Ammonia is widely used as a refrigerant, a fertilizer, and a household and commercial cleaning agent. Anhydrous ammonia (NH3) is a highly irritating gas that is very water-soluble. It is also a key ingredient in the illicit production of methamphetamine. Aqueous solutions of ammonia may be strongly alkaline, depending on the concentration. Solutions for household use are usually 5–10% ammonia, but commercial solutions may be 25–30% or more. The addition of ammonia to chlorine or hypochlorite solutions will produce chloramine gas, an irritant with properties similar to those of chlorine (See Chlorine).
Mechanism of toxicity. Ammonia gas is highly water-soluble and rapidly produces an alkaline corrosive effect on contact with moist tissues, such as those of the eyes and upper respiratory tract. Exposure to aqueous solutions causes corrosive alkaline injury to the eyes, skin, or GI tract (see “Caustic and Corrosive Agents”).
Ammonia gas. The odor of ammonia is detectable at 3–5 ppm, and persons without protective gear will experience respiratory irritation at 50 ppm and usually self-evacuate the area. Eye irritation is common at 100 ppm. The workplace recommended exposure limit (ACGIH TLV-TWA) for anhydrous ammonia gas is 25 ppm as an 8-hour time-weighted average, and the OHSA permissible exposure limit (PEL) as an 8-hour time-weighted average is 50 ppm. The level considered immediately dangerous to life or health (IDLH) is 300 ppm. The Emergency Response Planning Guidelines (ERPG) suggest that 25 ppm will cause no more than mild, transient health effects for exposures of up to 1 hour.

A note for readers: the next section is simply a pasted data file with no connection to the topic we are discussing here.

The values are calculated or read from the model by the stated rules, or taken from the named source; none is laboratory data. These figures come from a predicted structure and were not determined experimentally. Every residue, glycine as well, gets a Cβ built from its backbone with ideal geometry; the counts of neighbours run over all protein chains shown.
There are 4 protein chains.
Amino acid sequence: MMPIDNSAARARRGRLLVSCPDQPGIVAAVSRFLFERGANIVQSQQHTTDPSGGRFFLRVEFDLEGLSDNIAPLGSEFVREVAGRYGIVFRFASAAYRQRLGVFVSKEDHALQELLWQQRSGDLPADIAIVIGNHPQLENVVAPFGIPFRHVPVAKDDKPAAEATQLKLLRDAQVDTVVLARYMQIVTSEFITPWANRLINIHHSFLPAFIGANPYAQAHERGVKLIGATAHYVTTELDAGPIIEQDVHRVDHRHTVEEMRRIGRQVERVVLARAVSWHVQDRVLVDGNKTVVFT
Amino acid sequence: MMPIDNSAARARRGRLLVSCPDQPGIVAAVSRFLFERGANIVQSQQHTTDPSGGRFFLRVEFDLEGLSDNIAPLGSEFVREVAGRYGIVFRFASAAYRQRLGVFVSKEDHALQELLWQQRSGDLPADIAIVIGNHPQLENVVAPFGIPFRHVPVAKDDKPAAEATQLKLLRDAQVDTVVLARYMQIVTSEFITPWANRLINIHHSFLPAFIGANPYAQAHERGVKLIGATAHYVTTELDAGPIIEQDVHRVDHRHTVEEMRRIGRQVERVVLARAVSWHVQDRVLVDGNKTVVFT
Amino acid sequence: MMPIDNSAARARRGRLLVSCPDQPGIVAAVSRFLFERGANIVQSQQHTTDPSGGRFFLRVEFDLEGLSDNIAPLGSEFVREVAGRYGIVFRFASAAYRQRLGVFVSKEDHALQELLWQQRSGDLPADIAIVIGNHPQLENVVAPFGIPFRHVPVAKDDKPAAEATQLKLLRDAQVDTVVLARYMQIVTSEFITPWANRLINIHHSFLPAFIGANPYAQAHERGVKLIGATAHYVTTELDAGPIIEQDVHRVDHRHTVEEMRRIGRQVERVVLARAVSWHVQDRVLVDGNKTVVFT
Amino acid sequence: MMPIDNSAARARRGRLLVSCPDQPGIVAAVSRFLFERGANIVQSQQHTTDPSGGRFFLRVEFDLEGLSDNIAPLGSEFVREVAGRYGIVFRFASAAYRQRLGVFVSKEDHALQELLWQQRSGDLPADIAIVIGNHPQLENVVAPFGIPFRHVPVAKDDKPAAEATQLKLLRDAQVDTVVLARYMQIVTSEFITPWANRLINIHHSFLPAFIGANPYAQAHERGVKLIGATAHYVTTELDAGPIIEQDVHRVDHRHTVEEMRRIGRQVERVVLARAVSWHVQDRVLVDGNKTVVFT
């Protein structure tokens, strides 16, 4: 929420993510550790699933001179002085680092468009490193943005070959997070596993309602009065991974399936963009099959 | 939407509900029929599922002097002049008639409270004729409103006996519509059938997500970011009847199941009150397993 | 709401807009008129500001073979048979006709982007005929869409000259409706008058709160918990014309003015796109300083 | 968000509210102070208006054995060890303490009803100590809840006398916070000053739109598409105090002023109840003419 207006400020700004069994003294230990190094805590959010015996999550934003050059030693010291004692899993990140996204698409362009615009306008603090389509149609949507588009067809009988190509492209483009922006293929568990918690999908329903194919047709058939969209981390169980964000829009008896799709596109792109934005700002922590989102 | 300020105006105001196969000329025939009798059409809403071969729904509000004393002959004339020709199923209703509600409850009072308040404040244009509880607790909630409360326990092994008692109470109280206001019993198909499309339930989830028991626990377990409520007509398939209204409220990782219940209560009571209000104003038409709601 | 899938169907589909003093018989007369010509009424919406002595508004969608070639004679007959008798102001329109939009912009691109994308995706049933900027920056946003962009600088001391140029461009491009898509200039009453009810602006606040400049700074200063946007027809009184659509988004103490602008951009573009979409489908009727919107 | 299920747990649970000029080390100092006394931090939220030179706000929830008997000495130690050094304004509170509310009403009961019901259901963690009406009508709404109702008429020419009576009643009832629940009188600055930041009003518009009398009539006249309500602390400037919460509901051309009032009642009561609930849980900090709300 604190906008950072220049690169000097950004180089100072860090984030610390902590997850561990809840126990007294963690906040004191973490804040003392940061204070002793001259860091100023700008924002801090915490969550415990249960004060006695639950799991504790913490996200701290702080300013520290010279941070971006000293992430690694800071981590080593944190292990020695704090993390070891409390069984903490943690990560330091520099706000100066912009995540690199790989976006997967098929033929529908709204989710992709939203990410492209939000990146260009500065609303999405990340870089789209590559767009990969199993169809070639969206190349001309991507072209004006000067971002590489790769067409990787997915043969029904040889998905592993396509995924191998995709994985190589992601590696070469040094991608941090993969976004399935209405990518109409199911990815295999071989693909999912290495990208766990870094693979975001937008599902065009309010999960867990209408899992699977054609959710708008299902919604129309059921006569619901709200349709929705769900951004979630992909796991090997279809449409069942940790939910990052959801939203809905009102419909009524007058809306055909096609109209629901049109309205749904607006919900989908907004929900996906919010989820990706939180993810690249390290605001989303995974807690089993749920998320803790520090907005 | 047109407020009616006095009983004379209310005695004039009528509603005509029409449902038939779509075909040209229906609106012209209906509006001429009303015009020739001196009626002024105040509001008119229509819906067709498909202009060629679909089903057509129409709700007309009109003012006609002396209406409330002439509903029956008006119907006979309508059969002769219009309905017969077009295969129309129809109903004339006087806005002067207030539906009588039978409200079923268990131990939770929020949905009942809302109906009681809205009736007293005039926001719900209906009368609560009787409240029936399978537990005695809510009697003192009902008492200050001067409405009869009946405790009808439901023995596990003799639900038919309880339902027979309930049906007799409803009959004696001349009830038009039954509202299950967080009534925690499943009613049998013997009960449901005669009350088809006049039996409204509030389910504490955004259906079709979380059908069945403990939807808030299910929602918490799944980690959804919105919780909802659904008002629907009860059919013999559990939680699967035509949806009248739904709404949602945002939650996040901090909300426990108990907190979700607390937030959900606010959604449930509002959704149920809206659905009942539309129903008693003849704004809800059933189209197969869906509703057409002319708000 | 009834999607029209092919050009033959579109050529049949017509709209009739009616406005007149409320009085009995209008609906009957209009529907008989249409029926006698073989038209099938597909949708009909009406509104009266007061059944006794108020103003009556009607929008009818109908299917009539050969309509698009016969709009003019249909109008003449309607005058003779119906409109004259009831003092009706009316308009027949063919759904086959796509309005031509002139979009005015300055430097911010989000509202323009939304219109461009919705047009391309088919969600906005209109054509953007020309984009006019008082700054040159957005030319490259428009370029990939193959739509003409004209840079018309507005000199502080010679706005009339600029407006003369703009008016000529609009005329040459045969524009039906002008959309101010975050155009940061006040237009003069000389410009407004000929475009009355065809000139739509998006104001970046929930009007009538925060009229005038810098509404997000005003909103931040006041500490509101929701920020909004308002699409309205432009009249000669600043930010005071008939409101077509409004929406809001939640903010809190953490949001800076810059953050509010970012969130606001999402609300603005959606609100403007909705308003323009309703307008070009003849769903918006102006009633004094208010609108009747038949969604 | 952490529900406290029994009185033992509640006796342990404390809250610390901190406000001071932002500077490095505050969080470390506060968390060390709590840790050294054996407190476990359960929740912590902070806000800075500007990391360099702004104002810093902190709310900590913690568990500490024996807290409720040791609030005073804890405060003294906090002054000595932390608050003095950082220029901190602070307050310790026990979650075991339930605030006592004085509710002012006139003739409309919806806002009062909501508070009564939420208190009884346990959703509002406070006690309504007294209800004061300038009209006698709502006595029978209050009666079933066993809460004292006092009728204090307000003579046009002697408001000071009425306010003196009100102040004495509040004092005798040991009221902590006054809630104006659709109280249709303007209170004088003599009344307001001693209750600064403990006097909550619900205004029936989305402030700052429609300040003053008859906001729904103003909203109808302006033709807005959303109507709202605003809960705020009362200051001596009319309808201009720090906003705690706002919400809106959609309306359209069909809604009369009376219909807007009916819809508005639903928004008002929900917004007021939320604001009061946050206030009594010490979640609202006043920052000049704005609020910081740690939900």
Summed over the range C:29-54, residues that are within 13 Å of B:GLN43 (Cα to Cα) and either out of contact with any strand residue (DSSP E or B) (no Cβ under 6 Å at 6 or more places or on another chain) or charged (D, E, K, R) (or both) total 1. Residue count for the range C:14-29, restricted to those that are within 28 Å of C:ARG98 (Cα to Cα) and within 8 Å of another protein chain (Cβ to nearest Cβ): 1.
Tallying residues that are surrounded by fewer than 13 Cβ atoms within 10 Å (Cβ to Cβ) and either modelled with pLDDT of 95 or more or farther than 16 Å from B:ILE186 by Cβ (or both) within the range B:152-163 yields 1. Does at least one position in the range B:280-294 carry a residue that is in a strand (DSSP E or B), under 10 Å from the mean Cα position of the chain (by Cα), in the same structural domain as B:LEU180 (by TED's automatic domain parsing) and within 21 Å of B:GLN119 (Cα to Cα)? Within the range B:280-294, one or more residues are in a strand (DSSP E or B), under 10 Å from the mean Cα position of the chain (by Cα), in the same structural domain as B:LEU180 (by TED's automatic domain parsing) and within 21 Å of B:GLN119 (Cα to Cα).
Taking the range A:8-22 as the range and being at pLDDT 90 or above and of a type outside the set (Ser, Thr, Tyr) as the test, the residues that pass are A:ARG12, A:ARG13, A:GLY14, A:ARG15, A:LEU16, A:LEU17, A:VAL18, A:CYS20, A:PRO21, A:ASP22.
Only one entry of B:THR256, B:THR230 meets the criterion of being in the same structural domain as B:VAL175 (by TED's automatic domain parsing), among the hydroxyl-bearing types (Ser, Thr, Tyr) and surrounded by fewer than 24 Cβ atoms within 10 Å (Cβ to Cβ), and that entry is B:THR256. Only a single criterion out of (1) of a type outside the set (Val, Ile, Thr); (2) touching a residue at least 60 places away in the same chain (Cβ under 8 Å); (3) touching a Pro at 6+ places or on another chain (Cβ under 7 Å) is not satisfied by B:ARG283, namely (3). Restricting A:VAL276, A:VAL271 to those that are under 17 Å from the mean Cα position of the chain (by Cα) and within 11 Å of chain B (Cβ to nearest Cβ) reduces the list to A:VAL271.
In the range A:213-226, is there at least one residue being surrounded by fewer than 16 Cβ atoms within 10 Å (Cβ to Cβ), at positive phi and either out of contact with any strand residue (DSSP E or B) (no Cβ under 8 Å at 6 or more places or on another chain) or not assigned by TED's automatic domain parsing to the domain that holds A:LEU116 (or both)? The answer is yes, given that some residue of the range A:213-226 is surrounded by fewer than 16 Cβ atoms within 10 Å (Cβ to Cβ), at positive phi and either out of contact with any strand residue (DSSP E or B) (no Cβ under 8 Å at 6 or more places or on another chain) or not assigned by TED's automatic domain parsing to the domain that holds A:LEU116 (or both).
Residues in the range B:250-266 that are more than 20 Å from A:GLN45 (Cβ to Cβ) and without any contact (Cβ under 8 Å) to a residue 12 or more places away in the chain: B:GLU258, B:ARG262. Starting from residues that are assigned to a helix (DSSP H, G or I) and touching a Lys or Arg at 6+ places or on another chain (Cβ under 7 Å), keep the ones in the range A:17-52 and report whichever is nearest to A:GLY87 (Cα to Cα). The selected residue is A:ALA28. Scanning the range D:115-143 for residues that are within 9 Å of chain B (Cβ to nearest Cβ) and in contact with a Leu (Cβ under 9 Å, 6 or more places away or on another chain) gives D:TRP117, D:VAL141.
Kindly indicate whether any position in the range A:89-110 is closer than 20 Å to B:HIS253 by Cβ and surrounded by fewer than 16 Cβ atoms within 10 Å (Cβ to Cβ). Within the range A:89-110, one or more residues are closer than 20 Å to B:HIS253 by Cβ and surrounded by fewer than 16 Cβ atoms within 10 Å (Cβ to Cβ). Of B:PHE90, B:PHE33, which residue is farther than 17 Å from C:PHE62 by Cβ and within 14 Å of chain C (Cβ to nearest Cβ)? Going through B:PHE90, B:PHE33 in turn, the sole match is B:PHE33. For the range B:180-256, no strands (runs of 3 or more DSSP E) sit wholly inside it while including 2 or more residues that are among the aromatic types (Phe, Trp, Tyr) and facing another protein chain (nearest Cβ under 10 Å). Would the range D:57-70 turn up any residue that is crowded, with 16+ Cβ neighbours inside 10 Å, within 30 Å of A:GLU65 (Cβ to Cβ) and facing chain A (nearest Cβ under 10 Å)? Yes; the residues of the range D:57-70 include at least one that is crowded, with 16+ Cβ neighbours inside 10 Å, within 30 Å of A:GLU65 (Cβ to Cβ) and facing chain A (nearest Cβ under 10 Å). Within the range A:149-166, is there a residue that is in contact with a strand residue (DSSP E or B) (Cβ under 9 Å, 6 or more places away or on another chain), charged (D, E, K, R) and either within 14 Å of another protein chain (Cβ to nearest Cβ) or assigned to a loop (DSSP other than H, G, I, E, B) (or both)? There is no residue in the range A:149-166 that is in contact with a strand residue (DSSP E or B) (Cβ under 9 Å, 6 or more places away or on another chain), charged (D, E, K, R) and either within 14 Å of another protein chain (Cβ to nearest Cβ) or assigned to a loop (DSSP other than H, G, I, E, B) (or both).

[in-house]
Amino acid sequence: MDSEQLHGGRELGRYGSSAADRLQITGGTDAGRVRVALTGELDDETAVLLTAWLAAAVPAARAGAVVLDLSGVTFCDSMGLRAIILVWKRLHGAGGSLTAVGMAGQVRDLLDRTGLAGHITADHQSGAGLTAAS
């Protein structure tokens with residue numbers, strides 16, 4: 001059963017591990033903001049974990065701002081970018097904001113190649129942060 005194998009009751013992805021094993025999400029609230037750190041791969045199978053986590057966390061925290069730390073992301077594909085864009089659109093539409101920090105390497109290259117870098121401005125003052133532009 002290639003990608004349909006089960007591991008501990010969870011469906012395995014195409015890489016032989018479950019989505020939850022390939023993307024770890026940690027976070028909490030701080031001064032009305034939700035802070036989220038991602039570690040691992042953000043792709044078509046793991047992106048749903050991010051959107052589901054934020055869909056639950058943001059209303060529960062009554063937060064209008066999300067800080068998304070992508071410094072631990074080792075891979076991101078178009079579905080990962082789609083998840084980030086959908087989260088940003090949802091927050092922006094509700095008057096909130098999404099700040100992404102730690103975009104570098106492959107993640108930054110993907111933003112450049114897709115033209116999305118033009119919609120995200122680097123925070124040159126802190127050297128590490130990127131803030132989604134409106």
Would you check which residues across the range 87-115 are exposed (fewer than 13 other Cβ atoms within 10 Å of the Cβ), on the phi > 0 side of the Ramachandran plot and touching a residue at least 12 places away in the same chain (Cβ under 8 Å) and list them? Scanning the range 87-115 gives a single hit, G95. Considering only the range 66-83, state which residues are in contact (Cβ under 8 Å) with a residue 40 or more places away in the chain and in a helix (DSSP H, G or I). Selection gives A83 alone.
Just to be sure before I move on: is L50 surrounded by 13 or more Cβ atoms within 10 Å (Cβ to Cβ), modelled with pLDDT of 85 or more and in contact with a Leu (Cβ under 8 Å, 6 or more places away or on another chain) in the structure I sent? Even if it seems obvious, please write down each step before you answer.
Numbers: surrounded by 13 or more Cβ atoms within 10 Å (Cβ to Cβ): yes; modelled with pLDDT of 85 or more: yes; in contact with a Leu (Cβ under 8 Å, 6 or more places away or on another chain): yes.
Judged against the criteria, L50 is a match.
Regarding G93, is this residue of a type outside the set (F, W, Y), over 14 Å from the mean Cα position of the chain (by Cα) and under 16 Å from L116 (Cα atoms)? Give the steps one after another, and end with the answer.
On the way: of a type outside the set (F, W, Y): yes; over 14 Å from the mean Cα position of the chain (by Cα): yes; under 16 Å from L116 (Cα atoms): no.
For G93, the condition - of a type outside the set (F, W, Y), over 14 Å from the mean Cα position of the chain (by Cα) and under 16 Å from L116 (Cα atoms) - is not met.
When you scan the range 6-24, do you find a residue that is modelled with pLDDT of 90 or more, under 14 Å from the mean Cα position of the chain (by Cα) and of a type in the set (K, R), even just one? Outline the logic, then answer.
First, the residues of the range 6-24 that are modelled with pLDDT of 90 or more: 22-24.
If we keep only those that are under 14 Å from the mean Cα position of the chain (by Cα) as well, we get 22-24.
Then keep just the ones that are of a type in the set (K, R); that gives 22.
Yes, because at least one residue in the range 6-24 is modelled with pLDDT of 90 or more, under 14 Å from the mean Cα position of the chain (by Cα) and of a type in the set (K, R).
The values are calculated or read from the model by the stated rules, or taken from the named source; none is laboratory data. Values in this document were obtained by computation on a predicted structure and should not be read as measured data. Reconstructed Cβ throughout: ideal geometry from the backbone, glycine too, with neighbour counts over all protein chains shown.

Aqueous solutions. Diluted aqueous solutions of ammonia (eg, <5%) rarely cause serious burns but are moderately irritating. More concentrated industrial cleaners (eg, 25–30% ammonia) are much more likely to cause serious corrosive injury.
Clinical presentation. Clinical manifestations depend on the physical state and route of exposure.
Inhalation of ammonia gas. Symptoms are rapid in onset owing to the high water solubility of ammonia and include immediate burning of the eyes, nose, and throat, accompanied by coughing. With serious exposure, swelling of the upper airway may rapidly cause airway obstruction, preceded by croupy cough, hoarseness, and stridor. Bronchospasm with wheezing may occur. Massive inhalational exposure may cause noncardiogenic pulmonary edema.
Ingestion of aqueous solutions. Immediate burning in the mouth and throat is common. With more concentrated solutions, serious esophageal and gastric burns are possible, and victims may have dysphagia, drooling, and severe throat, chest, and abdominal pain. Hematemesis and perforation of the esophagus or stomach may occur. The absence of oral burns does not rule out significant esophageal or gastric injury.
Skin or eye contact with gas or solution. Serious alkaline corrosive burns may occur.
Diagnosis is based on a history of exposure and description of the typical ammonia smell, accompanied by typical irritative or corrosive effects on the eyes, skin, and upper respiratory or GI tract.
Specific levels. Blood ammonia levels may be elevated (normal, 8–33 mcmol/L) but are not predictive of toxicity. Testing should be performed on a stat basis because ammonia levels increase after blood collection owing to the breakdown of proteins.
Other useful laboratory studies may include electrolytes, arterial ...